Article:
He also believes that regional investment in network infrastructure has made video conferencing more of a plausible strategy for Middle Eastern enterprises.

“The improvement in networks and the reduction of bandwidth cost have significantly helped the growth of video and telepresence adoption,” claims Aloush.

Another expert believes that video conferencing offers clear advantages over other methods of communication, such as telephone calls, email or instant messaging.“During a video conference you can see the facial expressions and body language of conference participants,” says Devita Saraf, CEO of Vu Telepresence, a provider of video conferencing solutions. “These are both important aspects of communication and it also allows the opportunity for more of your staff to have contact with your customers.”

She says that it has been the region’s small-to-medium-sized businesses primarily recognising the benefits of video conferencing, although there has been challenges in the past in this market.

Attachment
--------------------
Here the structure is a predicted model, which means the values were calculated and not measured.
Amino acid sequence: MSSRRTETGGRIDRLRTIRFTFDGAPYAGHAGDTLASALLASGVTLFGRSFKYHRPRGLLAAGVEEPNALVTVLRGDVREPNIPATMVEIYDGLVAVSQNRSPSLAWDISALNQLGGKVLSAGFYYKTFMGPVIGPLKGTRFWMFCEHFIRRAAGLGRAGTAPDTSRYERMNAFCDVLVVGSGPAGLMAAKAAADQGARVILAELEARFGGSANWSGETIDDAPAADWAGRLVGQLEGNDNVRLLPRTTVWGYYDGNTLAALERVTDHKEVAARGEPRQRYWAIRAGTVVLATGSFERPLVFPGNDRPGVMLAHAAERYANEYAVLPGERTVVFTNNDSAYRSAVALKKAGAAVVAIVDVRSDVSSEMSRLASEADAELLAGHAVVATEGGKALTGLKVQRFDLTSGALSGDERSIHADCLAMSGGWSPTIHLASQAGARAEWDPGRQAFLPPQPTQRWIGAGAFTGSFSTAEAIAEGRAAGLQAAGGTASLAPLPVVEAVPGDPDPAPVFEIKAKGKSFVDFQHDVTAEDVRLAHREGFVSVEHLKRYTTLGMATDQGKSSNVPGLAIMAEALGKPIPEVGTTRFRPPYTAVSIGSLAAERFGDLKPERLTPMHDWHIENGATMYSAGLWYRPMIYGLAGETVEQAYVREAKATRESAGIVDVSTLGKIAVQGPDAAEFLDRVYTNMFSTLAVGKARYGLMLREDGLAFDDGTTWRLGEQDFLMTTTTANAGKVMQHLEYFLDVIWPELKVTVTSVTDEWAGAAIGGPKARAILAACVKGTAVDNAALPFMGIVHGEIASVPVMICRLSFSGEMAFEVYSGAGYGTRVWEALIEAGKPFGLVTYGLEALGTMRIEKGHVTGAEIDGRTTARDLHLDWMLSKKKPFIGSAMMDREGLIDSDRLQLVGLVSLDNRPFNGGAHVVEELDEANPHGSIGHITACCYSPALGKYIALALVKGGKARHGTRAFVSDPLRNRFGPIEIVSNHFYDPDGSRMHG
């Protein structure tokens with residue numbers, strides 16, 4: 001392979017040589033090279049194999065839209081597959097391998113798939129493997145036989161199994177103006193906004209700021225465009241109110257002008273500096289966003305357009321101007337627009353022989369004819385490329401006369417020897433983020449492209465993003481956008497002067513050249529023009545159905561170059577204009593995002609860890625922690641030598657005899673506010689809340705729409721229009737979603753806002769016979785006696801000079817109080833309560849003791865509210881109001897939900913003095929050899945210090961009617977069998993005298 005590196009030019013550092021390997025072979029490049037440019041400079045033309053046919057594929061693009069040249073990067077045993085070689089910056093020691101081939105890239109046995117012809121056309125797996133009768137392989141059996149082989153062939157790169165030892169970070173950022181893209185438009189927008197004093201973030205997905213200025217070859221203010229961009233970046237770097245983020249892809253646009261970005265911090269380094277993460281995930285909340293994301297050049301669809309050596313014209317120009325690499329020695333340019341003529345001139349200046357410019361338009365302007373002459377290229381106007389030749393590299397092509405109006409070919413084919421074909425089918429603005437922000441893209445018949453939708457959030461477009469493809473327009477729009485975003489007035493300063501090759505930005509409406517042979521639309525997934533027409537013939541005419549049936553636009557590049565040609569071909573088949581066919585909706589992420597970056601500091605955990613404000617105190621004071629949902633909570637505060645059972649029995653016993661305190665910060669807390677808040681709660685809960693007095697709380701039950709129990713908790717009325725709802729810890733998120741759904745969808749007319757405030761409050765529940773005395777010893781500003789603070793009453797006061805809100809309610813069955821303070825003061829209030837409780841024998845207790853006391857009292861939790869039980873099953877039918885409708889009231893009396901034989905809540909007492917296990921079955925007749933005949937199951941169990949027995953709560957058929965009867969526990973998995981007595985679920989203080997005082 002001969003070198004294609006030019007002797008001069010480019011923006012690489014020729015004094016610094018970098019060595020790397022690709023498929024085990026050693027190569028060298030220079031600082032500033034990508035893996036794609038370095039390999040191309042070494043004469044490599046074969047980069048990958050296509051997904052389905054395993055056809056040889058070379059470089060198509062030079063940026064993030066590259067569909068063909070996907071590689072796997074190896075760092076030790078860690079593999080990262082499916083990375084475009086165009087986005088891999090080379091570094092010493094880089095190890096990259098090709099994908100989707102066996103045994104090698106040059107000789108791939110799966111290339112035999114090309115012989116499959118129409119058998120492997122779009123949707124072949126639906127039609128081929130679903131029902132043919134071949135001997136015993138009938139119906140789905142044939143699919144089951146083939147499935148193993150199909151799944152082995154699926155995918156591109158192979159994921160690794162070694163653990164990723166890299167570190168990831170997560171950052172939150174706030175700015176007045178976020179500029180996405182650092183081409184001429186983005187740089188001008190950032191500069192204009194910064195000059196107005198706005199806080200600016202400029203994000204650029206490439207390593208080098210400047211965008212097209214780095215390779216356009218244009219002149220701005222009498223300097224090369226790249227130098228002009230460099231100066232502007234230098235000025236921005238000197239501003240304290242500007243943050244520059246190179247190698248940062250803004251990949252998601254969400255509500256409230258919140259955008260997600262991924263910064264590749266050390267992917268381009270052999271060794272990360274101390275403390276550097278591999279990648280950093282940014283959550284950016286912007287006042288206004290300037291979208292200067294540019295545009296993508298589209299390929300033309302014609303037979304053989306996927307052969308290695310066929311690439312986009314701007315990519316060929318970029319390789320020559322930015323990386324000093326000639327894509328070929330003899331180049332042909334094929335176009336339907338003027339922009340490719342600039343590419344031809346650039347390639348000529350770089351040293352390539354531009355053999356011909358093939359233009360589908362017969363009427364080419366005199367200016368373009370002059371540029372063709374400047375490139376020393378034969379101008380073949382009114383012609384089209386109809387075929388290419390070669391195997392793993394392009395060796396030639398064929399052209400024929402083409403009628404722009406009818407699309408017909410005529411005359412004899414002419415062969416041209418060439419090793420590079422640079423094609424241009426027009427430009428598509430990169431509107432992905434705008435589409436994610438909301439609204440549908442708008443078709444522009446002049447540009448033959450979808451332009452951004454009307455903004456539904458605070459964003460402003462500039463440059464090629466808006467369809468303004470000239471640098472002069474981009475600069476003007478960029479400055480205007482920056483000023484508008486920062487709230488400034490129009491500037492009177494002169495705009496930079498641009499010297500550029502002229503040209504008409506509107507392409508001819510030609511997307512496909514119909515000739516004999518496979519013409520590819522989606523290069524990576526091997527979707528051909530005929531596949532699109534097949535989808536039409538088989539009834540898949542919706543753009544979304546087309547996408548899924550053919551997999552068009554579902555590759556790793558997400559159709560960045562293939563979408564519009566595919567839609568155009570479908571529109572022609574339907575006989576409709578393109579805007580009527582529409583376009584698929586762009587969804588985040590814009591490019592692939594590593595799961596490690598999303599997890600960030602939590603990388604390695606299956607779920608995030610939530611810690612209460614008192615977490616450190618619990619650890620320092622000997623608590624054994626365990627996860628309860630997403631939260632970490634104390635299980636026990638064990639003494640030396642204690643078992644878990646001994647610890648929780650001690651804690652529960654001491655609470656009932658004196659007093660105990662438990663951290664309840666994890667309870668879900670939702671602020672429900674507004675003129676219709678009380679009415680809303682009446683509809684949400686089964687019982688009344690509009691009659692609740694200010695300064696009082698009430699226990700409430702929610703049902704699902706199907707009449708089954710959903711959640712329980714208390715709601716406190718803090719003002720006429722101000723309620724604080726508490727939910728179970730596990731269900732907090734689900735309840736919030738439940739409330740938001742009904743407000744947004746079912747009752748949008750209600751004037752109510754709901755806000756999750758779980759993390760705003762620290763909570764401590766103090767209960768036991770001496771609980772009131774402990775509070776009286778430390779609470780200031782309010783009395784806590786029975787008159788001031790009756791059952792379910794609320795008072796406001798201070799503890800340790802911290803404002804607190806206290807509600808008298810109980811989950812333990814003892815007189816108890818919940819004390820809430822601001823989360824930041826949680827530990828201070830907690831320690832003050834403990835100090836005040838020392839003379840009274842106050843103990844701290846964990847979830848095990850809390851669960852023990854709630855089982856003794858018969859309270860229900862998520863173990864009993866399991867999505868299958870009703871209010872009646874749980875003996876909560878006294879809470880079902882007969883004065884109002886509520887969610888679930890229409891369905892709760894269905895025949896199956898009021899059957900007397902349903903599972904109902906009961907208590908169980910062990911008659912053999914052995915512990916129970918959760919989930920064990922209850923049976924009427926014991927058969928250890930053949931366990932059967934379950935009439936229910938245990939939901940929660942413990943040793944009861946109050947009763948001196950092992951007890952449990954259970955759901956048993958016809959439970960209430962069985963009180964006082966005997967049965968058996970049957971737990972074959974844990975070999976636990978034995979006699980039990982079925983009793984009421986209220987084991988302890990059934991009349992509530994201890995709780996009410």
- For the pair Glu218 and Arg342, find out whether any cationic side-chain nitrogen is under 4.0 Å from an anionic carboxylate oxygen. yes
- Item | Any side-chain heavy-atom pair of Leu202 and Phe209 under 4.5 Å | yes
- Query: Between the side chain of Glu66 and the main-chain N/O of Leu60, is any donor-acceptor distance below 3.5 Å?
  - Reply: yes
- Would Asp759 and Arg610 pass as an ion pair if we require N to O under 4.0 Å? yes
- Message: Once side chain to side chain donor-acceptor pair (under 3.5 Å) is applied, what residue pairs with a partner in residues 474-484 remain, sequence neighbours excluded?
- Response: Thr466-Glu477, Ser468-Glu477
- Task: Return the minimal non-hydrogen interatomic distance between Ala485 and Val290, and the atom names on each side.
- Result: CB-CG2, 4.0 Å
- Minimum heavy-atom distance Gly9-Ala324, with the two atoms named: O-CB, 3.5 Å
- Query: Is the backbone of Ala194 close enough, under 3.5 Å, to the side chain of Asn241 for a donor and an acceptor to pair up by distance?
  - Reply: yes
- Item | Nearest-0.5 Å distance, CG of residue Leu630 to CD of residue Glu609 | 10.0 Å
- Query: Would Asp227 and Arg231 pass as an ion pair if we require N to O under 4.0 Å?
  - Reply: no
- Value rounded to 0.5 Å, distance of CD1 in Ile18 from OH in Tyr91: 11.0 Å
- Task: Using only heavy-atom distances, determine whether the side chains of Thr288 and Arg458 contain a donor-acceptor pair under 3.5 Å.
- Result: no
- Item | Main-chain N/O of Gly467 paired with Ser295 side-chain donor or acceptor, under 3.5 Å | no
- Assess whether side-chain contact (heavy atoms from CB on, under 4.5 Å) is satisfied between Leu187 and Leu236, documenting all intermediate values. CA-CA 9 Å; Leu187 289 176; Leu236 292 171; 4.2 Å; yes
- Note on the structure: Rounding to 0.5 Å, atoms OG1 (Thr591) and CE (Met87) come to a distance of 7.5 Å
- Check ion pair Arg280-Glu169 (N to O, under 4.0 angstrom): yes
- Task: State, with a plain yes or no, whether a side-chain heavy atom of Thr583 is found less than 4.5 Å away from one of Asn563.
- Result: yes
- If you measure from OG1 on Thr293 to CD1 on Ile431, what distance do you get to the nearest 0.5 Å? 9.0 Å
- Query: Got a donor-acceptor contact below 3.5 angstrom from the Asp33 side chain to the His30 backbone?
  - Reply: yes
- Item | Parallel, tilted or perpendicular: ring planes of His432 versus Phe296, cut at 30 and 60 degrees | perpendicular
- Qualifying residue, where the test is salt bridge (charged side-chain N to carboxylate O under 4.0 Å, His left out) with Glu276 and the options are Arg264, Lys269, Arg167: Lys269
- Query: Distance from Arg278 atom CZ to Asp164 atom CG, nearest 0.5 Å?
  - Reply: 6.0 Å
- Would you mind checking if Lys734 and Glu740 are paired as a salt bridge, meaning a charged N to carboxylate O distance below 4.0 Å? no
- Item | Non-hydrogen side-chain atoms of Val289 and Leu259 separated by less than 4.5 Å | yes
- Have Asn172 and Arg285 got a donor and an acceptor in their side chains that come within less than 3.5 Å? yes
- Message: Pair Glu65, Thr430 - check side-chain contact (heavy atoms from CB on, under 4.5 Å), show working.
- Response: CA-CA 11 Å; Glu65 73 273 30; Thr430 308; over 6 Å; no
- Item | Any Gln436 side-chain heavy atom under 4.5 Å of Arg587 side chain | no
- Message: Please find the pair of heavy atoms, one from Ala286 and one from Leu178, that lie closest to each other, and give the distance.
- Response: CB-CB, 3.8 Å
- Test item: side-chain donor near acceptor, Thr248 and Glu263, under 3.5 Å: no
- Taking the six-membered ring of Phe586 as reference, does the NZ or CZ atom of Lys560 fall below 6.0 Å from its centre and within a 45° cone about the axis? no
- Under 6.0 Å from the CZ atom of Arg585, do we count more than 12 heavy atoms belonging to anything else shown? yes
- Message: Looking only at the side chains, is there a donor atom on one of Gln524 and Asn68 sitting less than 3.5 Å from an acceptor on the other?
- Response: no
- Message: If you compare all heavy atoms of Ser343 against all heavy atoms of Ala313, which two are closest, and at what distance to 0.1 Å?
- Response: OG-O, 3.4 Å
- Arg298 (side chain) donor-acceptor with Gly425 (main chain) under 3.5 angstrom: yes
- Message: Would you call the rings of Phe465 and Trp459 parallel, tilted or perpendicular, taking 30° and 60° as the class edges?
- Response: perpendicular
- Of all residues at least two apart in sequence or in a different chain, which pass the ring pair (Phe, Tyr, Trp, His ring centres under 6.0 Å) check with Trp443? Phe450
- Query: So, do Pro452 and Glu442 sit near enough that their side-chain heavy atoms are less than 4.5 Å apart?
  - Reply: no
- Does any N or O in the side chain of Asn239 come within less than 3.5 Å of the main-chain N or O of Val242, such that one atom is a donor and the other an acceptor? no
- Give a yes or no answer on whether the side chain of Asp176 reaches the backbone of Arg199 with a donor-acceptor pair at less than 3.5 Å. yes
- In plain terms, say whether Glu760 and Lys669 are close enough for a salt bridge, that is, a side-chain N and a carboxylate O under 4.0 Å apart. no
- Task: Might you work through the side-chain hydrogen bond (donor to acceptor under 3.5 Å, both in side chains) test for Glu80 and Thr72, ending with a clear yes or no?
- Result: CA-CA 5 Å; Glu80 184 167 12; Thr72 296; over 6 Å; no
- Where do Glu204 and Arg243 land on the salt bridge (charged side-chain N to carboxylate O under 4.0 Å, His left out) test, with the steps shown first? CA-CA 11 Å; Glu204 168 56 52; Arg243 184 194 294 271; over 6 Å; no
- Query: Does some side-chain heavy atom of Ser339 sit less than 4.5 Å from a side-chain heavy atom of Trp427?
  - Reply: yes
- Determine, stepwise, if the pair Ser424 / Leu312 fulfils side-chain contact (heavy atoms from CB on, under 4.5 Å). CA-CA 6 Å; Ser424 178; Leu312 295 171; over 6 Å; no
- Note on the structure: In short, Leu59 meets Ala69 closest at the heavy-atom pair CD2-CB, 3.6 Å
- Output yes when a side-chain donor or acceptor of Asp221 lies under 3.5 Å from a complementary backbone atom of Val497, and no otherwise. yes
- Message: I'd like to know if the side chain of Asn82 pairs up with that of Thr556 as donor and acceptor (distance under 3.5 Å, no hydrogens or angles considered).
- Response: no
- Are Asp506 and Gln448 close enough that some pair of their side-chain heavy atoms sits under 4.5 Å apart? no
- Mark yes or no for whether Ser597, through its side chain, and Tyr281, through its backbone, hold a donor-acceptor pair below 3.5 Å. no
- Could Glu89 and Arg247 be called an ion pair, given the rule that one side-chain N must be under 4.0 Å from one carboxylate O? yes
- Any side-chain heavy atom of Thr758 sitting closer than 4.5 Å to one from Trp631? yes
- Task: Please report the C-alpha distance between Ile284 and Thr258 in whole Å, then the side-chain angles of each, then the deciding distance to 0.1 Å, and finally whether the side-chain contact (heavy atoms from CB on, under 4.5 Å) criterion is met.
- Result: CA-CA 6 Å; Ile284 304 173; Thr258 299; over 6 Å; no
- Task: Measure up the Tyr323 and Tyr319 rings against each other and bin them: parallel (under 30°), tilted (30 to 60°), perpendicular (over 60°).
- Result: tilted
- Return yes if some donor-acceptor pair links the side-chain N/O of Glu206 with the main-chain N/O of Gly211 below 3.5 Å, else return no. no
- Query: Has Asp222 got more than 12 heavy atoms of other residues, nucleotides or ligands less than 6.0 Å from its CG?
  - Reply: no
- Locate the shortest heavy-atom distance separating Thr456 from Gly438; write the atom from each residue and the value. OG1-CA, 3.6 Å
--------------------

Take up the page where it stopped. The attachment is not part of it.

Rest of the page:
“The small and mid-market’s growth has been outpacing nearly every other business category,” claims Saraf. “But until now, resellers haven’t had the solutions and resources they’ve needed to capture this growth.” She adds that Vu’s solution has received an “enthusiastic response” from the regional channel.

Saraf says that many businesses in the SME segment are deploying video conferencing as a way of enhancing communications with their customer base. She cites statistics taken from a recent survey conducted by Vu, which found that 84.4% of SMBs perceive video conferencing to be an effective tool in building customer relationships.